NIH News in Health: check out the July 2018 issue of NIH News in Health, featuring, “Preparing for Menopause: A Woman’s Midlife Change,” and “Acne Breakouts: Controlling Problem Pimples.” Other topics this month include how eating well may slow hearing loss in women, herbal remedies, and quitting smoking after 60.

NLM and NNLM Educational Opportunities

All are webinars, unless noted. Please note that the class registration system requires obtaining an NNLM account prior to registration. Learn how to register for classes from the NTO.

NNLM and NLM classes are free and open to all. Please feel free to share these opportunities!

Adding ARISE Simulations to the Classroom: One Nursing Program’s Experience with Apps, iPads and QR Codes – July 16, 2:00-3:00 PM ET – Augmented Reality Integrated Simulation Education (ARISE) is a collection of over one hundred open-access simulation activities and scenarios that incorporate augmented reality and game-based learning theory. Using iPads, QR codes and the ARIS app, ARISE was developed for a wide variety of health science programs, including nursing. Join this GMR webinar and learn how you can use ARISE to increase active learning throughout the curriculum with minimal supplies (no expensive high-fidelity mannequin needed). Personal insight from one nursing program’s experience with ARISE will be shared along with a tips and tricks to help others be successful.

Promoting Accessible Document Creation – July 18, 1:00-2:00 PM ET – Sponsored by PNR, this webinar will go over what it is like for someone who uses AT to interact with a document that is not accessible. It will cover the basics of creating accessible MS Word documents and PowerPoint presentations, how to use the built-in accessibility checker, and how to export these documents to create accessible PDF documents. This is the second of the four part webinar series, Universal Design for Learning: Accessibility at the Library.

DOCLINE Talkline: Introducing DOCLINE 6.0 – July 25, 2:00-3:00 PM ET – In the inaugural session of DOCLINE Talkline, Erin Latta, NNLM DOCLINE Coordinator and Lis Unger, NLM DOCLINE Team Lead will introduce users to DOCLINE 6.0. In this session users will understand the Google sign-in process, how to link accounts to DOCLINE, and get a sneak peak at library records in the redesigned DOCLINE.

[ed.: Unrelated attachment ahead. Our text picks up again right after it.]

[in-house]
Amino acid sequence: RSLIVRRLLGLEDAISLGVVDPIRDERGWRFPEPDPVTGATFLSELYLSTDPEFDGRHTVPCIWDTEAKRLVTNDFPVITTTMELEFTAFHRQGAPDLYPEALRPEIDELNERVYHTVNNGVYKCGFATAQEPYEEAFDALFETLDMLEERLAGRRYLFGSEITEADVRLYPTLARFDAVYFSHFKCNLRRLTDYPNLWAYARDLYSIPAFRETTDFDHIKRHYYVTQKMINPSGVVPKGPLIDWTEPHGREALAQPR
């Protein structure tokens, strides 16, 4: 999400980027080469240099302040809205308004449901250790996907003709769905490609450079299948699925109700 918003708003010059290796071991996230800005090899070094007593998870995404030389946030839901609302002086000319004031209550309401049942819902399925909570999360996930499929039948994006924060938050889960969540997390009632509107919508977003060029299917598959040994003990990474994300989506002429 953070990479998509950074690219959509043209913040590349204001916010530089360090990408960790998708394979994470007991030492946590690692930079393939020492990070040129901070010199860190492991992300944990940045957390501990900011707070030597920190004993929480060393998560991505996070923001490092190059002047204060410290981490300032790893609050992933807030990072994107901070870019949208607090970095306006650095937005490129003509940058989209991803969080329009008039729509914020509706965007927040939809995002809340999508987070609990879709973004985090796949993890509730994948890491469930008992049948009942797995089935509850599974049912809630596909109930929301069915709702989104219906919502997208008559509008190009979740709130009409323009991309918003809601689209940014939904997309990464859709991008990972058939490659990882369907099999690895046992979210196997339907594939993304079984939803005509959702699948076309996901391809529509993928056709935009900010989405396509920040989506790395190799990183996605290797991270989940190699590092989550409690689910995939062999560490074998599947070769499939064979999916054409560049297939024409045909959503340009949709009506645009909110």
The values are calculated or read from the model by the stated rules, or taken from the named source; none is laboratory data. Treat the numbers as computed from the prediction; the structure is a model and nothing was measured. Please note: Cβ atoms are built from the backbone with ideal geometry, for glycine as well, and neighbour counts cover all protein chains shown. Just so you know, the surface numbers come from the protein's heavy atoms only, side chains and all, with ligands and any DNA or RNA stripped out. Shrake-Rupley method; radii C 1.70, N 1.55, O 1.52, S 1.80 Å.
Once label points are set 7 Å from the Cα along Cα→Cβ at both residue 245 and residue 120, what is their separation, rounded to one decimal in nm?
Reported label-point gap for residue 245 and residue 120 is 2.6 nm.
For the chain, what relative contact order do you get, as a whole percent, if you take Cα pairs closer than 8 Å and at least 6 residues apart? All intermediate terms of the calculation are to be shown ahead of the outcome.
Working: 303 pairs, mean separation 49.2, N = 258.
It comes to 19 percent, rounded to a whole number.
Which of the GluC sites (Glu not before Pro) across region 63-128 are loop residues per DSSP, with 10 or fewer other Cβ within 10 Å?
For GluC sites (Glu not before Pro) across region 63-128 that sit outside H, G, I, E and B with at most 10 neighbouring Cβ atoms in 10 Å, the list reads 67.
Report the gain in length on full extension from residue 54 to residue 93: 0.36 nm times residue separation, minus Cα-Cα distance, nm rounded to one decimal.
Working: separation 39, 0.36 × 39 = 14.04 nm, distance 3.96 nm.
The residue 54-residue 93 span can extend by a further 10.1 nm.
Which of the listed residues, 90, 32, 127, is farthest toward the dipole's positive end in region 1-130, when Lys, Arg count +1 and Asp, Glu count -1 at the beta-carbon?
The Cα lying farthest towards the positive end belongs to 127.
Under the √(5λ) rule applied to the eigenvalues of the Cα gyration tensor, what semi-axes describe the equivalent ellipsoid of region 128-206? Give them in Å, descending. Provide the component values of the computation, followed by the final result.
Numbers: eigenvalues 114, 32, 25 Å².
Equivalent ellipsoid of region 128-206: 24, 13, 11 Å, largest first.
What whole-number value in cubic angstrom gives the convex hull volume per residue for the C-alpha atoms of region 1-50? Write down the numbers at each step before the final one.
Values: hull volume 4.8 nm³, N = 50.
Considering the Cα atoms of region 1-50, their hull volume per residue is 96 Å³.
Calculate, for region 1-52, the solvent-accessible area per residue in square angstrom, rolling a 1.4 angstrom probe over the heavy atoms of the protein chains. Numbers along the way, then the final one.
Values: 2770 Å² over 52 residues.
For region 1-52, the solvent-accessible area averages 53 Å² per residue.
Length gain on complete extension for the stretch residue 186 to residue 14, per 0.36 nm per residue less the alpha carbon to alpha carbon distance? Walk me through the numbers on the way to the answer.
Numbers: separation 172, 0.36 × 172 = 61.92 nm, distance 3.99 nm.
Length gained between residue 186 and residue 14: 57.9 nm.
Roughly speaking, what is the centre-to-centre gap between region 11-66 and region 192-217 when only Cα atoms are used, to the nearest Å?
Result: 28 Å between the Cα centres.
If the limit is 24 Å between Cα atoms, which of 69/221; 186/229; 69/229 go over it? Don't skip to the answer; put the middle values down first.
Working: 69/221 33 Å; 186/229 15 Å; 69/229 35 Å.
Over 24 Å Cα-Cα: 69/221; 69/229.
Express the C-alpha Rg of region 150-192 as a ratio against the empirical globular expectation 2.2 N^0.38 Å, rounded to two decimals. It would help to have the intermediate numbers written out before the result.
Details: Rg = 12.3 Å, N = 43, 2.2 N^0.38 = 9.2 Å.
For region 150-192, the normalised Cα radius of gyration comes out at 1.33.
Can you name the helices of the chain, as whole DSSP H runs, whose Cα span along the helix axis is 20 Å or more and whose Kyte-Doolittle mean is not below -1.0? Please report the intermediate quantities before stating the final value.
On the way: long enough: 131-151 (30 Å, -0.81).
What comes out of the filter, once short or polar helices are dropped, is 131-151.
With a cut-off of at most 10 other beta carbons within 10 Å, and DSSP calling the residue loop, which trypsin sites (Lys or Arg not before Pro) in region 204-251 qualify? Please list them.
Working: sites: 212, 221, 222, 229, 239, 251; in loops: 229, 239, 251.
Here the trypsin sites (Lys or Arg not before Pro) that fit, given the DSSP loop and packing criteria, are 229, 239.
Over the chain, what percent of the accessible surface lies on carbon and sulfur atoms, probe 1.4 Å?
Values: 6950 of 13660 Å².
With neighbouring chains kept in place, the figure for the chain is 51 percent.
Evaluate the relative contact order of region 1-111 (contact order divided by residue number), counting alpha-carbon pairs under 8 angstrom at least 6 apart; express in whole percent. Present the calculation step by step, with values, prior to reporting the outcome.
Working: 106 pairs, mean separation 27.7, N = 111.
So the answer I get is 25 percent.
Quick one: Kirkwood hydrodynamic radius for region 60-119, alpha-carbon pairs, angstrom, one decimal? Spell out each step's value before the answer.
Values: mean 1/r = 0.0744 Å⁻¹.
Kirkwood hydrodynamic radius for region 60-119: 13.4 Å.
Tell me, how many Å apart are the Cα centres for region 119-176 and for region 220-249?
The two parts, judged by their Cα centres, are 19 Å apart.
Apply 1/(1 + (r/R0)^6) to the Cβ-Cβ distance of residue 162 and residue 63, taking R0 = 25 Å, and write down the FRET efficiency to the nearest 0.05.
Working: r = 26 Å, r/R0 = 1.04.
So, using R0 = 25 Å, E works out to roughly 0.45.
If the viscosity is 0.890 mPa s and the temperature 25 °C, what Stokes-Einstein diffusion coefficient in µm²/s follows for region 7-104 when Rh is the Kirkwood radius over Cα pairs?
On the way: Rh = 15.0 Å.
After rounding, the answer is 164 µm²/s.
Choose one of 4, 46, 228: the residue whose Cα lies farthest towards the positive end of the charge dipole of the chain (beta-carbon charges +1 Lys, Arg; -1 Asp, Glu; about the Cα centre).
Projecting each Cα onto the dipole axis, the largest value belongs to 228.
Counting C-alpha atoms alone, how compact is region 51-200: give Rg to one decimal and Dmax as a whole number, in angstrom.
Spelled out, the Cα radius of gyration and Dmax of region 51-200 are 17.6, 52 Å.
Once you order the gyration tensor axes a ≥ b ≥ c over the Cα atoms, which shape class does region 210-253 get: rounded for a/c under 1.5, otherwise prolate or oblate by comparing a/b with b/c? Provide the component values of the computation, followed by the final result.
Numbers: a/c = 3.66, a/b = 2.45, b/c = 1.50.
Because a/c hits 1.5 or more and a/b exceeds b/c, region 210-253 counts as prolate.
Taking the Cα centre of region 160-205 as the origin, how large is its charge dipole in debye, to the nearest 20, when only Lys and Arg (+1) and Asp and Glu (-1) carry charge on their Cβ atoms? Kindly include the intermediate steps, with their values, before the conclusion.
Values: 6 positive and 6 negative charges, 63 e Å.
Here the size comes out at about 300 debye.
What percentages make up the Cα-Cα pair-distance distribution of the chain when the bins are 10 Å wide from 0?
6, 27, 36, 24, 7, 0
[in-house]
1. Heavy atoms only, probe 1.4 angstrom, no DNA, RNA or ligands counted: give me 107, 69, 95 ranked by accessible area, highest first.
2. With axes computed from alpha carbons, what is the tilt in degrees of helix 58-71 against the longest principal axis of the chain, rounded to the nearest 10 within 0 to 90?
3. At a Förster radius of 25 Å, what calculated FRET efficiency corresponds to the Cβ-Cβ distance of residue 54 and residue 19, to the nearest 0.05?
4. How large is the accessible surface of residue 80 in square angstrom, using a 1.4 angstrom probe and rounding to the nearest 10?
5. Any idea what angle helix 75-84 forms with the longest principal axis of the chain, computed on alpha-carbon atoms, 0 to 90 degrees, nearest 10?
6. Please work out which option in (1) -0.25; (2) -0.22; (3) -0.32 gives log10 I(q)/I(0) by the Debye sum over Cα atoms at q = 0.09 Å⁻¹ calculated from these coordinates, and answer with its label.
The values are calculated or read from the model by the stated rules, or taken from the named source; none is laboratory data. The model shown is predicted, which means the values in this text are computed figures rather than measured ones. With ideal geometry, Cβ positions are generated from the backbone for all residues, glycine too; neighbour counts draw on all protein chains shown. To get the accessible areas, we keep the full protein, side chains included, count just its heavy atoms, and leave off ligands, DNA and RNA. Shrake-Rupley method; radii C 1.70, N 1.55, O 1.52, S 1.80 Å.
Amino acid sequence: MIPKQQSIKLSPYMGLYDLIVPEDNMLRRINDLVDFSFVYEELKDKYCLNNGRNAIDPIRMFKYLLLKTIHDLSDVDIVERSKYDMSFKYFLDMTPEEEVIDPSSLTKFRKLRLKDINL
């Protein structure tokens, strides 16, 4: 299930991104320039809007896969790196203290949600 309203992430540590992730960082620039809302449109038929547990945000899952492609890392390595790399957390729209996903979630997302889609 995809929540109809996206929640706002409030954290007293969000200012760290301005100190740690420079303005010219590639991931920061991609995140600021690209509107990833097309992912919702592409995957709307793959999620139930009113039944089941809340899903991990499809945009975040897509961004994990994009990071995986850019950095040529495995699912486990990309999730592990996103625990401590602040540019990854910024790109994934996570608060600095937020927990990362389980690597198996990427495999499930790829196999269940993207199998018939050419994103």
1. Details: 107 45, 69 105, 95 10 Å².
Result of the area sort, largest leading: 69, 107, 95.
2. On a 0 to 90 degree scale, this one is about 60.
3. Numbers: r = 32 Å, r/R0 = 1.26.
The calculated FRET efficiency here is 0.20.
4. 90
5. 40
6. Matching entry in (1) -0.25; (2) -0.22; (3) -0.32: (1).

In-person opportunity! PubMed and Beyond: Clinical Resources from the National Library of Medicine at Holy Family University – July 27, 9:00 AM-12:00 PM ET – Taught by an experienced medical librarian, this in-person class at Holy Family University (PA) will introduce principles of evidence-based practice and free health information resources. Resources presented will include Clinical Queries in PubMed/MEDLINE and free drug, patient education, and evidence-based information. Participants are eligible for 3 hours MLA CE.

In understanding the All of Us Research Program – July 27, 1:00-2:00 PM ET – Have you ever wondered why some people need four blood pressure medications and others only need one? Or how our environment and nutrition impacts our risk for developing cancer or Alzheimer’s disease? Register for this MAR session to learn about the National Institute of Health’s new initiative to advance precision medicine. Learn about how the program works and the lessons learned in the first year at the University of Pittsburgh site from co-investigator Dr. Mylynda Massart. Hear ideas about how public libraries can become involved and engage their communities in this exciting program.